There are 3 main actions in this menu when you edit the local Applocker policy. You can Import, Export and Clear a policy.
Let’s see how one can clear a local Applocker policy.
If you use Windows PowerShell, you can directly access the built-in Applocker module.
In this case, you can use the following shortcut:
$null | New-AppLockerPolicy -User EveryOne -EA 0 | Set-AppLockerPolicy -Verbose
NB: EA is the Alias of ErrorAction and 0 means SilentlyContinue.
It’s required to avoid displaying a message saying:
New-AppLockerPolicy : Cannot validate argument on parameter ‘FileInformation’. The argument is null or empty. Provide an argument that is not null or empty, and then try the command again.
Even if there’s an error thrown, a Microsoft.Security.ApplicationId.PolicyManagement.PolicyModel.AppLockerPolicy is created and sent to the output stream.
Unfortunately, the same shortcut cannot be used within PowerShell 7.0.1 (current latest version).
You need the following 2 steps:
# step 1: write an empty policy to a file $null | New-AppLockerPolicy -User EveryOne -EA 0 -Xml | Out-File ~/Documents/empty.xml # step 2: import that file Set-AppLockerPolicy ~/Documents/empty.xml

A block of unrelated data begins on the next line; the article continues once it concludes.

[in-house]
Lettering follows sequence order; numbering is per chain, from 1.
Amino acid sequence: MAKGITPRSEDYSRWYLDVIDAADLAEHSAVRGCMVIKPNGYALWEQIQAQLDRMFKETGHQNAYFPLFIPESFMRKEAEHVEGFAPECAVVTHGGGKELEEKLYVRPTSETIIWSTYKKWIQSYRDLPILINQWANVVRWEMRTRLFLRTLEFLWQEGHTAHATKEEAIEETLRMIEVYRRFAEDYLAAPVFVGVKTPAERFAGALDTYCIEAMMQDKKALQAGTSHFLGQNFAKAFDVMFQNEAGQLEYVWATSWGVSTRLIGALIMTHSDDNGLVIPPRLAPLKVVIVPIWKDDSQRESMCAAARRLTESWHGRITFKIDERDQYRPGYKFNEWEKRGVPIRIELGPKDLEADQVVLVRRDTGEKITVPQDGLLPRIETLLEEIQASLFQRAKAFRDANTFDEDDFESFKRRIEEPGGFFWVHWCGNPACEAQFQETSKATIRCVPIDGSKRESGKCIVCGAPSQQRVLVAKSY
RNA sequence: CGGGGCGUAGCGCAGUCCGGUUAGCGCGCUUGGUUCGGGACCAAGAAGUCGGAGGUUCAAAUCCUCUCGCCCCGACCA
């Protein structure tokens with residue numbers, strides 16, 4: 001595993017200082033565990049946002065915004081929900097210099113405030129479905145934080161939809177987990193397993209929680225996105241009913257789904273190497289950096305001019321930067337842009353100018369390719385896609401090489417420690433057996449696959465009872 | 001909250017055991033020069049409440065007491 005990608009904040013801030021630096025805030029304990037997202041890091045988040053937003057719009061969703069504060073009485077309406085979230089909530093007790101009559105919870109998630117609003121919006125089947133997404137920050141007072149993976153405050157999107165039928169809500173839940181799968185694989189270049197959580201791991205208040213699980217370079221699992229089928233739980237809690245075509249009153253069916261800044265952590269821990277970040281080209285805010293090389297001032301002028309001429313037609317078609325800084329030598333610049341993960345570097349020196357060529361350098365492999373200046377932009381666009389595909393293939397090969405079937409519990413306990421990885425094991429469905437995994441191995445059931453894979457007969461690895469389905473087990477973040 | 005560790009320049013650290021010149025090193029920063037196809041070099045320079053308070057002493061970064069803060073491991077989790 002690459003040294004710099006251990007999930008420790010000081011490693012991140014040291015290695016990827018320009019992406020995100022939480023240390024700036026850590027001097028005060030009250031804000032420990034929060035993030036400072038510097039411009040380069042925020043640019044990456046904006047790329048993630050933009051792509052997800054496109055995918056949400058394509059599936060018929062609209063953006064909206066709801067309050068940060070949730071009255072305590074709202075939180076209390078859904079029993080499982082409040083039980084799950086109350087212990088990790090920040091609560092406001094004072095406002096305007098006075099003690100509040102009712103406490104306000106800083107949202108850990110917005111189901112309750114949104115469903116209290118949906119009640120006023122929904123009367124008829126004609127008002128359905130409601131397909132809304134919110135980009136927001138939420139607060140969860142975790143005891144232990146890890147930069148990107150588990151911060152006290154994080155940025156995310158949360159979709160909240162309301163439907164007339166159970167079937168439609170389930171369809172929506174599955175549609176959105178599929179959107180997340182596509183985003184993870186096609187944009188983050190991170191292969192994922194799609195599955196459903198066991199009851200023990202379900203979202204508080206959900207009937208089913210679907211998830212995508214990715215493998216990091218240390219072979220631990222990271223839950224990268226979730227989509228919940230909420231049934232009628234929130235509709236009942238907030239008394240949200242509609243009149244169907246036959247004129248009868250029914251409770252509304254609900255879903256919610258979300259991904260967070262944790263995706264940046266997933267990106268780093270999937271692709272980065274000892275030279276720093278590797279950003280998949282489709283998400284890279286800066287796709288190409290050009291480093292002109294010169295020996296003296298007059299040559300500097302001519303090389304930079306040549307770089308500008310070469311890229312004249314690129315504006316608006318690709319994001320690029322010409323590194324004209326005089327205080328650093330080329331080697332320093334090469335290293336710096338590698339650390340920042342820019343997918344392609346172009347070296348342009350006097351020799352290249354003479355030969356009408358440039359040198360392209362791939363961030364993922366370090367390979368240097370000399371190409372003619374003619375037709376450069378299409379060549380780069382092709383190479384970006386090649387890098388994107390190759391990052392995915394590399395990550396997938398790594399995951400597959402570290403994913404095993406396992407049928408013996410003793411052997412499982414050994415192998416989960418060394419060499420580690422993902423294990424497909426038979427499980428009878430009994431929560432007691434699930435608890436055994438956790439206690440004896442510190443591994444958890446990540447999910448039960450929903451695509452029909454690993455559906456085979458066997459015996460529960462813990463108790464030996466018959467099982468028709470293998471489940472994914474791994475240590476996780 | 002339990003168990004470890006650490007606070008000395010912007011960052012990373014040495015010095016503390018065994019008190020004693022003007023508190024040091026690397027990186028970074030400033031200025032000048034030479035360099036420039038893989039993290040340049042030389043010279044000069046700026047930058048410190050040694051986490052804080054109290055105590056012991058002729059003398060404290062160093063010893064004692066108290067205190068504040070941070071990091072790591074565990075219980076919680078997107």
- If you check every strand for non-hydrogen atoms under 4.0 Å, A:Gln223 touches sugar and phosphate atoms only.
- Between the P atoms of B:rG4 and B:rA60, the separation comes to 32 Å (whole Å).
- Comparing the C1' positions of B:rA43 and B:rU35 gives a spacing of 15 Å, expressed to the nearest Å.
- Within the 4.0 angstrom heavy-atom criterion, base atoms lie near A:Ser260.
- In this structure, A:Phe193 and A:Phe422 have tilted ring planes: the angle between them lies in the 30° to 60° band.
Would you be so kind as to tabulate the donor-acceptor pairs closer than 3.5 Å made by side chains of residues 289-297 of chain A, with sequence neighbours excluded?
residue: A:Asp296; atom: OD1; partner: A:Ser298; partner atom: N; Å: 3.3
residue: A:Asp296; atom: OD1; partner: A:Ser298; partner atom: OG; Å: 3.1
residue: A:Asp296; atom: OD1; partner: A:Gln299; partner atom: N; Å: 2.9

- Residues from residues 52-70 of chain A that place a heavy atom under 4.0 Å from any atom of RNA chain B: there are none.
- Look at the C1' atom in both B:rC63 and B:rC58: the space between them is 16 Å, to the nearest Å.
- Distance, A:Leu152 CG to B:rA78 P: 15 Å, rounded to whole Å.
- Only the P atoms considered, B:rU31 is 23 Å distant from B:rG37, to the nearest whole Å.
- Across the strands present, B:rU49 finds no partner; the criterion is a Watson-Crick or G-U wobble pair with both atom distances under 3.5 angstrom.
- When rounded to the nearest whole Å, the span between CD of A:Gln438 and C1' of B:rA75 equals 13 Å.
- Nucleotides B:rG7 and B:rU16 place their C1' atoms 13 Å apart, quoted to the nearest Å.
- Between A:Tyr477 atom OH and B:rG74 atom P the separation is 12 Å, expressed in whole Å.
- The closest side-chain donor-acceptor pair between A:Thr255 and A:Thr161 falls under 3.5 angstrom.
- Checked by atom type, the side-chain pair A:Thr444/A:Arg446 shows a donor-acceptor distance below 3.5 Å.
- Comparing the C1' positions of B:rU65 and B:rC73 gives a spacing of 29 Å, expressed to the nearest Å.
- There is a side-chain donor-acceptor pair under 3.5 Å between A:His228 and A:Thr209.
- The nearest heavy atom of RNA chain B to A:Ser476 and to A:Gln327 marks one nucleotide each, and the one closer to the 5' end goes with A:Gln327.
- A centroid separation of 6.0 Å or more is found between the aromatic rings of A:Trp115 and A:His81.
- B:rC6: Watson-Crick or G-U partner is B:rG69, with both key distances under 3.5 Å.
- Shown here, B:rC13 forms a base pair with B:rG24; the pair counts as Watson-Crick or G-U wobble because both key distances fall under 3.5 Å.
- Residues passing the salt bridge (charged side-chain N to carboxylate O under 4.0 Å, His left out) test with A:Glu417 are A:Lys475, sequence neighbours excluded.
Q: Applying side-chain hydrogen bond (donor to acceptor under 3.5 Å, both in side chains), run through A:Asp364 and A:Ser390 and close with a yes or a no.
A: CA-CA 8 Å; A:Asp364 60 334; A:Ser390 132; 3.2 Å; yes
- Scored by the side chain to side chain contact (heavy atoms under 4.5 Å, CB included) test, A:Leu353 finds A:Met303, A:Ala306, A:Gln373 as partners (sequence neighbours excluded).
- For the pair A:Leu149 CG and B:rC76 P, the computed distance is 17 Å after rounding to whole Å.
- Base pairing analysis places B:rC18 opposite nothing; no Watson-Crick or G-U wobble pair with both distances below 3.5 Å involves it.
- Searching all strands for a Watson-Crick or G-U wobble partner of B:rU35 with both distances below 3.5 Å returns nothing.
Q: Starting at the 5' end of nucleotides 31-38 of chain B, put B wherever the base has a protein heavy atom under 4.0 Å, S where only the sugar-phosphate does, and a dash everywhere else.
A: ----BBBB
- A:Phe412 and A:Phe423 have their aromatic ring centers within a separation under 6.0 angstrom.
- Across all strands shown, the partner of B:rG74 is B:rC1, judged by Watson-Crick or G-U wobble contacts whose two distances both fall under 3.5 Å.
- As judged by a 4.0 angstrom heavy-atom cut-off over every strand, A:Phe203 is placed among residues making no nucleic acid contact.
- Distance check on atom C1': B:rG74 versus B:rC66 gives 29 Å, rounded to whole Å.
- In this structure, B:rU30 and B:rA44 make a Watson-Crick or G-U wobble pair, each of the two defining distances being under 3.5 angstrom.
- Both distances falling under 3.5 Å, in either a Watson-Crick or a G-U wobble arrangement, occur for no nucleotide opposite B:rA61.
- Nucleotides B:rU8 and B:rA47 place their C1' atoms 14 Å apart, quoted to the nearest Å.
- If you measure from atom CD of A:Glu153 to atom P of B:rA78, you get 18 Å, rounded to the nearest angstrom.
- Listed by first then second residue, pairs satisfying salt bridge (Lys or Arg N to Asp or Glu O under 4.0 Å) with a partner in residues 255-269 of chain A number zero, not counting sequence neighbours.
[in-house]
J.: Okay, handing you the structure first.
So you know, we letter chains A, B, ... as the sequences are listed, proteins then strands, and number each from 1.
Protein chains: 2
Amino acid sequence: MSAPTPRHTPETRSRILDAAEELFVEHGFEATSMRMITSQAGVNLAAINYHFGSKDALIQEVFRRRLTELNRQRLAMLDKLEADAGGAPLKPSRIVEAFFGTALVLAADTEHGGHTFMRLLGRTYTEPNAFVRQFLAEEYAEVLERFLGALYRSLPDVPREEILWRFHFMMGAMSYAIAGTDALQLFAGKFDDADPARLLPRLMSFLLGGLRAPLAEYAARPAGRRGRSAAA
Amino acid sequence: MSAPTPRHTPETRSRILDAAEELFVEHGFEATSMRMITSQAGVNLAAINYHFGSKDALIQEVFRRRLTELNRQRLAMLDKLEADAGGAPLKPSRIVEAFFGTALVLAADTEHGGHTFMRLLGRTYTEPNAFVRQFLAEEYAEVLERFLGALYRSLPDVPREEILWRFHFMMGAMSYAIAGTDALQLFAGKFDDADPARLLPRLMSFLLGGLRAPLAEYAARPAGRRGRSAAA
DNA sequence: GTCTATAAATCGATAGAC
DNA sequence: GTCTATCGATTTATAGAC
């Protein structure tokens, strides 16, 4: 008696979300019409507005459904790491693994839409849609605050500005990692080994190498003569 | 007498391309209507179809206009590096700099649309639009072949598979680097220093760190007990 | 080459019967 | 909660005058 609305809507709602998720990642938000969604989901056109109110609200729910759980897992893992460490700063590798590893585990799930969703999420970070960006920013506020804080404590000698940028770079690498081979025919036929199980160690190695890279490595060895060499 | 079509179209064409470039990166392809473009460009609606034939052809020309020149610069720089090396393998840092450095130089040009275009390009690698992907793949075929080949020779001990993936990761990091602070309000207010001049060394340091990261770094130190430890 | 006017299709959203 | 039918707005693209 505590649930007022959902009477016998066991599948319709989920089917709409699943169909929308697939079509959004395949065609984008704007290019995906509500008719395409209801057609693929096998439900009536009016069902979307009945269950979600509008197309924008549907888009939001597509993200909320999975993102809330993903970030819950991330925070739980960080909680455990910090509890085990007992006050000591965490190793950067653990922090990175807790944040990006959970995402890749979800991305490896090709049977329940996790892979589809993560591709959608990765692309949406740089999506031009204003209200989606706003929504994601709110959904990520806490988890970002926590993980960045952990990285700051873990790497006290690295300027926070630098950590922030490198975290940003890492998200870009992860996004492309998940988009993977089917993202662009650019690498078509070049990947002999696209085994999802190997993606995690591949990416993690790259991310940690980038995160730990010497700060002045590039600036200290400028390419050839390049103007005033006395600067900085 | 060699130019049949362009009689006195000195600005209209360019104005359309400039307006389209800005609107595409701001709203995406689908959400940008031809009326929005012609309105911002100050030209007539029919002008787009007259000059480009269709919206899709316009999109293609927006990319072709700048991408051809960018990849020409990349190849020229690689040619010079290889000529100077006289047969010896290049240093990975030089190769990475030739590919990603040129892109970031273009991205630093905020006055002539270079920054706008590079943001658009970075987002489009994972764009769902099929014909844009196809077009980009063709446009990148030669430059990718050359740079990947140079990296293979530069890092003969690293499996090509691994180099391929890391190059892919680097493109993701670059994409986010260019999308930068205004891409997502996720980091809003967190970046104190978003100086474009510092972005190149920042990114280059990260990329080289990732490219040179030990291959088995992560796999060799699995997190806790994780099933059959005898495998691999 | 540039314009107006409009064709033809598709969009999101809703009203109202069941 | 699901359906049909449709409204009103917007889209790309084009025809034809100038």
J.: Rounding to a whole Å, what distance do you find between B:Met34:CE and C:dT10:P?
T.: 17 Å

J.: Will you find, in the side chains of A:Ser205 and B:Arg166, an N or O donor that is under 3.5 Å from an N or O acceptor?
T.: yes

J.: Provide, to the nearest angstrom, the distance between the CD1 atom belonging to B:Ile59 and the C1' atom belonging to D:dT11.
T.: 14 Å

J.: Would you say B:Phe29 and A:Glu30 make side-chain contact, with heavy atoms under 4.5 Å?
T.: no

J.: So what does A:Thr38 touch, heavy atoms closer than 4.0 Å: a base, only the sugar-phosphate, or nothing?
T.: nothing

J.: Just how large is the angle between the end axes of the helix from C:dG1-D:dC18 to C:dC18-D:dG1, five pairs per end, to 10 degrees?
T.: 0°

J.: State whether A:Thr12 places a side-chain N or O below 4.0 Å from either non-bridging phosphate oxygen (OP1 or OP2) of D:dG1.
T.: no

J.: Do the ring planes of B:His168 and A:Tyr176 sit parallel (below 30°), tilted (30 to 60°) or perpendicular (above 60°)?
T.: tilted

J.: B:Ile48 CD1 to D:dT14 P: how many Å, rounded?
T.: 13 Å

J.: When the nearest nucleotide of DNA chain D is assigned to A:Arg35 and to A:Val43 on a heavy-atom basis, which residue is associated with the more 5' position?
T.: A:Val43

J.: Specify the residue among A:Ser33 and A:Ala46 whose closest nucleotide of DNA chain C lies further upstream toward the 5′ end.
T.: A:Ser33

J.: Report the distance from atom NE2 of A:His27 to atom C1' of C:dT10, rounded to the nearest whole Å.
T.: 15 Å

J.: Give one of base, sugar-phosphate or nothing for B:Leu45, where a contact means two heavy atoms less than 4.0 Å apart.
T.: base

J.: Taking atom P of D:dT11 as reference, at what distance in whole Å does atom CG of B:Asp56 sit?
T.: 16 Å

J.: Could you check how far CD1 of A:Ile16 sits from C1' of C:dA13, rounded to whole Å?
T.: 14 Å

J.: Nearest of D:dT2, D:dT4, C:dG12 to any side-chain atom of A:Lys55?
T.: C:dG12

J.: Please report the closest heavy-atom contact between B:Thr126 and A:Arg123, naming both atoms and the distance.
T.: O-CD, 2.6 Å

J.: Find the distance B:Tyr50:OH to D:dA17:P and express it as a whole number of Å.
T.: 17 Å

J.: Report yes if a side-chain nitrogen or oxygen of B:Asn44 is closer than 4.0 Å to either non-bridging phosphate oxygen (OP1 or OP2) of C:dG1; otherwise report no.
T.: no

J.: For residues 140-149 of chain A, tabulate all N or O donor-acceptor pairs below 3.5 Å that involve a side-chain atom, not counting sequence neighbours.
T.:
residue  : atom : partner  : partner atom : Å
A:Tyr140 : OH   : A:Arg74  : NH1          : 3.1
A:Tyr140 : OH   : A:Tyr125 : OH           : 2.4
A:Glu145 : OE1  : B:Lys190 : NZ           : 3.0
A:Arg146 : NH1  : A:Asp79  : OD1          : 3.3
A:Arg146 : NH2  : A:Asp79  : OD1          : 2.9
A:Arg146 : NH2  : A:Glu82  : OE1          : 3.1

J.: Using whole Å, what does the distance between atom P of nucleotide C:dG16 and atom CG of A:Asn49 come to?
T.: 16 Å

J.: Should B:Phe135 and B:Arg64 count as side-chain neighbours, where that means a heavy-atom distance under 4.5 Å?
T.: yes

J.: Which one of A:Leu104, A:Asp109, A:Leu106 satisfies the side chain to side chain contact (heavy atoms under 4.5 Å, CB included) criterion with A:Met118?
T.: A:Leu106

NB: Notice the addition of the -XML switch in the first step.
Here’s another approach for Windows PowerShell that looks like the example provided by Microsoft, named delete-an-applocker-rule that tells you actually how to clear *all* the rules.
The following example doesn’t write a file to disk and directly clears the local Applocker Policy
NB: Notice the first call at line 11 to a built-in command from the Applocker module. It’s used to avoid this error message: Unable to find type [Microsoft.Security.ApplicationId.PolicyManagement.PolicyModel.AppLockerPolicy].
If that first call at line 11 is missing, when you do the following, you get:
Weird, isn’t? If you’ve an explanation, please add a comment 🙂